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Ko Hana Kea rum, a heirloom Hawaiian cane juice-based rum that’s first distilled with a pot still and then again with a column still. It’s then rested for at least three months in steel tanks before it’s bottled at 80 proof. The distillery offers various styles of their KEA rum that are distilled from different types of sugarcane.via American Rum Report
Tasty, but not quite great
Kea is diesel powered agricole rum . More fuel like pungency than earthiness this agriCole rum is still kindling it's way. Sold in hand numbered small batche 300ml bottles this rum is different every time. sometimes floral and earthy, sometimes gasolinel farts and jasmine. Since you have to buy on person in the distallery or online, go in.person. The tour and tastingis great and fun. However, make sure the bottle you buy matches the batch number of the rum you tasted or you might be surprised.
Also ask for the Hapa which is 10 out of 10 whitell
agricole and try the aged and liqueur vetsions. All are interesting and bold.
I had the opportunity to taste 3 single-varietal agricoles—the ones that variously go into the Kea blend. All are unaged, and bottled at 40% ABV. Here are my thoughts:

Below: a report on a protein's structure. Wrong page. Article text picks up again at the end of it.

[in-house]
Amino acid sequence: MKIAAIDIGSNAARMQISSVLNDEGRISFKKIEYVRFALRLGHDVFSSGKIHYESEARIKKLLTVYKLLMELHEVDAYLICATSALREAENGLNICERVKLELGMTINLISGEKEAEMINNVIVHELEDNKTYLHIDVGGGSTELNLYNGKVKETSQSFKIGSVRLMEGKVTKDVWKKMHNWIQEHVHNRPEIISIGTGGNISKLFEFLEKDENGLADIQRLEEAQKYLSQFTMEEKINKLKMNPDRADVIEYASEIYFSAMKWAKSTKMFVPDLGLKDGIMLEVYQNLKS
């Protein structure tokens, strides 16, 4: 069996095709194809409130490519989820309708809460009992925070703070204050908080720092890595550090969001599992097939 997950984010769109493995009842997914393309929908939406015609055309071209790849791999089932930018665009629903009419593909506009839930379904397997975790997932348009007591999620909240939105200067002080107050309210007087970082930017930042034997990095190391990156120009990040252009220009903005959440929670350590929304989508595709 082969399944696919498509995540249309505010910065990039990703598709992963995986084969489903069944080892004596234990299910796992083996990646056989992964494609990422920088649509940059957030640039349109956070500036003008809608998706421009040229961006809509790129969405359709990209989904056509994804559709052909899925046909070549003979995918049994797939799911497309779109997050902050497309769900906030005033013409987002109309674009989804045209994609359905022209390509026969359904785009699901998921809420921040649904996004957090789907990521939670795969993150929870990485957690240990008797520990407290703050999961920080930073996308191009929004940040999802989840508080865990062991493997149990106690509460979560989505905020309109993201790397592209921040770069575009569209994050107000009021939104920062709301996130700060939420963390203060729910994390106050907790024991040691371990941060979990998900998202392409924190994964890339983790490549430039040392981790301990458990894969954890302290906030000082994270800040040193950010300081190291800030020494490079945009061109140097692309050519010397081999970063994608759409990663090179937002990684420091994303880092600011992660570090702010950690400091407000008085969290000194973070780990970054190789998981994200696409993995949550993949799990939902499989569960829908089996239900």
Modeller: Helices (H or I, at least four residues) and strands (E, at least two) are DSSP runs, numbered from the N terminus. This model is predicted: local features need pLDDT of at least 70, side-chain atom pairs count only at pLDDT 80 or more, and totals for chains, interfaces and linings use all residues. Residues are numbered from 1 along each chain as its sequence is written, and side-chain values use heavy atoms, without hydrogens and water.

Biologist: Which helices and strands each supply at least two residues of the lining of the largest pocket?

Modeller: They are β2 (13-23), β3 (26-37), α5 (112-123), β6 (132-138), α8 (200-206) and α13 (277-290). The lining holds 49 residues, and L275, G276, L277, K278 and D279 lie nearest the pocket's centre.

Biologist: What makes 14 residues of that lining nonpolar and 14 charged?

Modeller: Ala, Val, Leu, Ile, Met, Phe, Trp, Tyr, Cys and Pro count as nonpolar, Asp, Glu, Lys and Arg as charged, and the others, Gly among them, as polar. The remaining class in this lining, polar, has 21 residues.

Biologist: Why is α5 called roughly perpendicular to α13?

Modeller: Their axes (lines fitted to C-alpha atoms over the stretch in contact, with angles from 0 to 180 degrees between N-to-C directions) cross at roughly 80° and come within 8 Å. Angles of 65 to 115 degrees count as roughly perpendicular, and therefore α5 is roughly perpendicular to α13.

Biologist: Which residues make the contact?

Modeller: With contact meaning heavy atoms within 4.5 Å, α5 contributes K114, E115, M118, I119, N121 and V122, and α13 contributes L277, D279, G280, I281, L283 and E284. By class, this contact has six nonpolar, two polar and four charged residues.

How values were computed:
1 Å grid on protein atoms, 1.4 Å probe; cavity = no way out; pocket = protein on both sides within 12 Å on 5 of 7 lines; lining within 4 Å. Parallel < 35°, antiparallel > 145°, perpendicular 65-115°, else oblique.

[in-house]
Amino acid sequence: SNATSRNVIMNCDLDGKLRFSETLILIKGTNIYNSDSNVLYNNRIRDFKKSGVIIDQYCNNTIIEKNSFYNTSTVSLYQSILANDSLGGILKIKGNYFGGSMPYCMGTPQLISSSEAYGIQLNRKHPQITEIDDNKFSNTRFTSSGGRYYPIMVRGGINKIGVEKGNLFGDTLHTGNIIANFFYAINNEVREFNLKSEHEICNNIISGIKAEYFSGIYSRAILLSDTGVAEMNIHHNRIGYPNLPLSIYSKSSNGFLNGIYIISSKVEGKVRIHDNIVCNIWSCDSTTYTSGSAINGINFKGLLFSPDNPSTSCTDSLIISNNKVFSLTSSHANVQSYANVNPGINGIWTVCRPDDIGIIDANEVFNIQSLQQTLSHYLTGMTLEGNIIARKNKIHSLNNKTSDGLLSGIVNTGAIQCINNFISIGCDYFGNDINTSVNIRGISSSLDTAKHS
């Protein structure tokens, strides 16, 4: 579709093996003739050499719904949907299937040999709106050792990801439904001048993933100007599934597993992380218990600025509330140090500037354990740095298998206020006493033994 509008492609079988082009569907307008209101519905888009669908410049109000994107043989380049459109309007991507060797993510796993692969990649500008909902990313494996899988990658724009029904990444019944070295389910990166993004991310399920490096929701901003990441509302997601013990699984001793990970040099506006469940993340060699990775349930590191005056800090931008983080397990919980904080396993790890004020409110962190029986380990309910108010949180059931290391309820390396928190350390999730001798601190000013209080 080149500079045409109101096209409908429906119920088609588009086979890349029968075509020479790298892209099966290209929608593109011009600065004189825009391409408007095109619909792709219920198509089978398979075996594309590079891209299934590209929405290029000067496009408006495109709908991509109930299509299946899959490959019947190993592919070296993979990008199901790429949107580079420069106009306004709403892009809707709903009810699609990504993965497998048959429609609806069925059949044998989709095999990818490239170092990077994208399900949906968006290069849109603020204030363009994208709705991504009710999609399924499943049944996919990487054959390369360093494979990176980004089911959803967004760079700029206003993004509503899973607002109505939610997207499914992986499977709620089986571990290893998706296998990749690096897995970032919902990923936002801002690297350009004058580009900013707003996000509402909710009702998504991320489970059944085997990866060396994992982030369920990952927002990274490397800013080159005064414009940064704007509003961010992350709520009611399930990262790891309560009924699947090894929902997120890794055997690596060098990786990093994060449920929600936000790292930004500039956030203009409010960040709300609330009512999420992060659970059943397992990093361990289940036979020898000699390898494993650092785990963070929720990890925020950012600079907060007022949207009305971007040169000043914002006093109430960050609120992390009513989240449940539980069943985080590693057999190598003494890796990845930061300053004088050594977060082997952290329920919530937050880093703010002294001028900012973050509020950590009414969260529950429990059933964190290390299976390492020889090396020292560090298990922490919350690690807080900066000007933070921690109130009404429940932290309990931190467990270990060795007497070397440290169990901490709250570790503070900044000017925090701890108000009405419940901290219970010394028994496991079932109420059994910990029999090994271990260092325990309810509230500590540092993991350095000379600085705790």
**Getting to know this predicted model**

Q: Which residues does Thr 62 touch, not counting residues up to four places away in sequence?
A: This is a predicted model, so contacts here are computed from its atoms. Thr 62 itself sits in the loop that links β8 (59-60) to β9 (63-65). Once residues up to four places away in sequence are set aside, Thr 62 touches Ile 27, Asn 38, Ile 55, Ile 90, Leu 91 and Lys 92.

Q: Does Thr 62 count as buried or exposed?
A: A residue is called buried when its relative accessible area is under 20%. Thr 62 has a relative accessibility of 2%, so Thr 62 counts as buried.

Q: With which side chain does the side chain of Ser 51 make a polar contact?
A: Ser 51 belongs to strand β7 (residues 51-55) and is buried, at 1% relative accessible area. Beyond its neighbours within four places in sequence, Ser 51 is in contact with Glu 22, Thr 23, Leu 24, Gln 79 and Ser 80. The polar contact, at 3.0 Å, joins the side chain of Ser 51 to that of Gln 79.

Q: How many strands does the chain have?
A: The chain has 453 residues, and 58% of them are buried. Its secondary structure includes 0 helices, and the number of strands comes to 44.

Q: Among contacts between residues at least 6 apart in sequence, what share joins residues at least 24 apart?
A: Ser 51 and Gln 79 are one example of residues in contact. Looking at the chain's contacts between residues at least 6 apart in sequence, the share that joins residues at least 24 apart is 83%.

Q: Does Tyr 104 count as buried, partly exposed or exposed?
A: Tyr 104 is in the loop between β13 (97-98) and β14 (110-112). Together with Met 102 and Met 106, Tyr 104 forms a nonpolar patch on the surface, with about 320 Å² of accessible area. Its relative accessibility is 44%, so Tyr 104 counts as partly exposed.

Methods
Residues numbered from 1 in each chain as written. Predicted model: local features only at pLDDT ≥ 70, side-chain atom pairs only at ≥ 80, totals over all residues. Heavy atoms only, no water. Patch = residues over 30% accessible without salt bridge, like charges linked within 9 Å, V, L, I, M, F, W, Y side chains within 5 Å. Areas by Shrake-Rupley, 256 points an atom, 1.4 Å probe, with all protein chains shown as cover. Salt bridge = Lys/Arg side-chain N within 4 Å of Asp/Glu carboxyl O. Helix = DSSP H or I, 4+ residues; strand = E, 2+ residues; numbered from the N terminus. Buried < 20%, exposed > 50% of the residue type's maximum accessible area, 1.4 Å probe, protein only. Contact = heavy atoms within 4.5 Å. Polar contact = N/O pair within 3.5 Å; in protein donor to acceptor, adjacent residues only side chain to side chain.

1. Kea Lahi - Small, yellow cane; frail, fragile, delicate. N: grassy, hint of vanilla marshmallow. P: same; gentle, uninspiring.
2. Kea Manulele - Purple and green striped cane. N: fruitier. Touch of creamed corn funk. A little brinier on the palate.
3. Kea Mahai'ula - The cane was supposedly named after a red fish. N: Rustier, cherries. Smokey. P: has a bite. Sometimes sweeter, sometimes dryer.
The noses on all of these are relatively faint, and then they pretty much fall apart on the palate. The rep said the reason for the low proofs was so they would be more approachable to, basically, tourists. But in the process, they're alienating much of the rum community—especially with white agricoles, which are generally bottled at 50%. The rest of their operation/mission is super rum-nerdy (and they're already bottling these in half sizes and charging full price for them), so why bottle them so weak? Or why not at least have a higher-strength option? There's a lot of potential here.
If you're a fan of agricole style rums, Kō Hana KEA is definitely unique. A bit aggressive, the flavor is noticeably less grassy than a traditional Martinique offering. It tastes of pepper and diesel fuel. The bottle is elegantly presented, but is considerably higher priced than most Martinique white agricoles. I wanted to like it more than I actually did. I may try another bottle since they're all small batch productions.
This is a very nice Agricole, which compares well with rhum Agricole's from Martinique.
Smells and tastes of sugarcane, brine, and pepper. If you're into this style, then I HIGHLY recommend you try their KEA - Collection clear Agricole. That's one of the all time great Agricole's that I've tried. :-)
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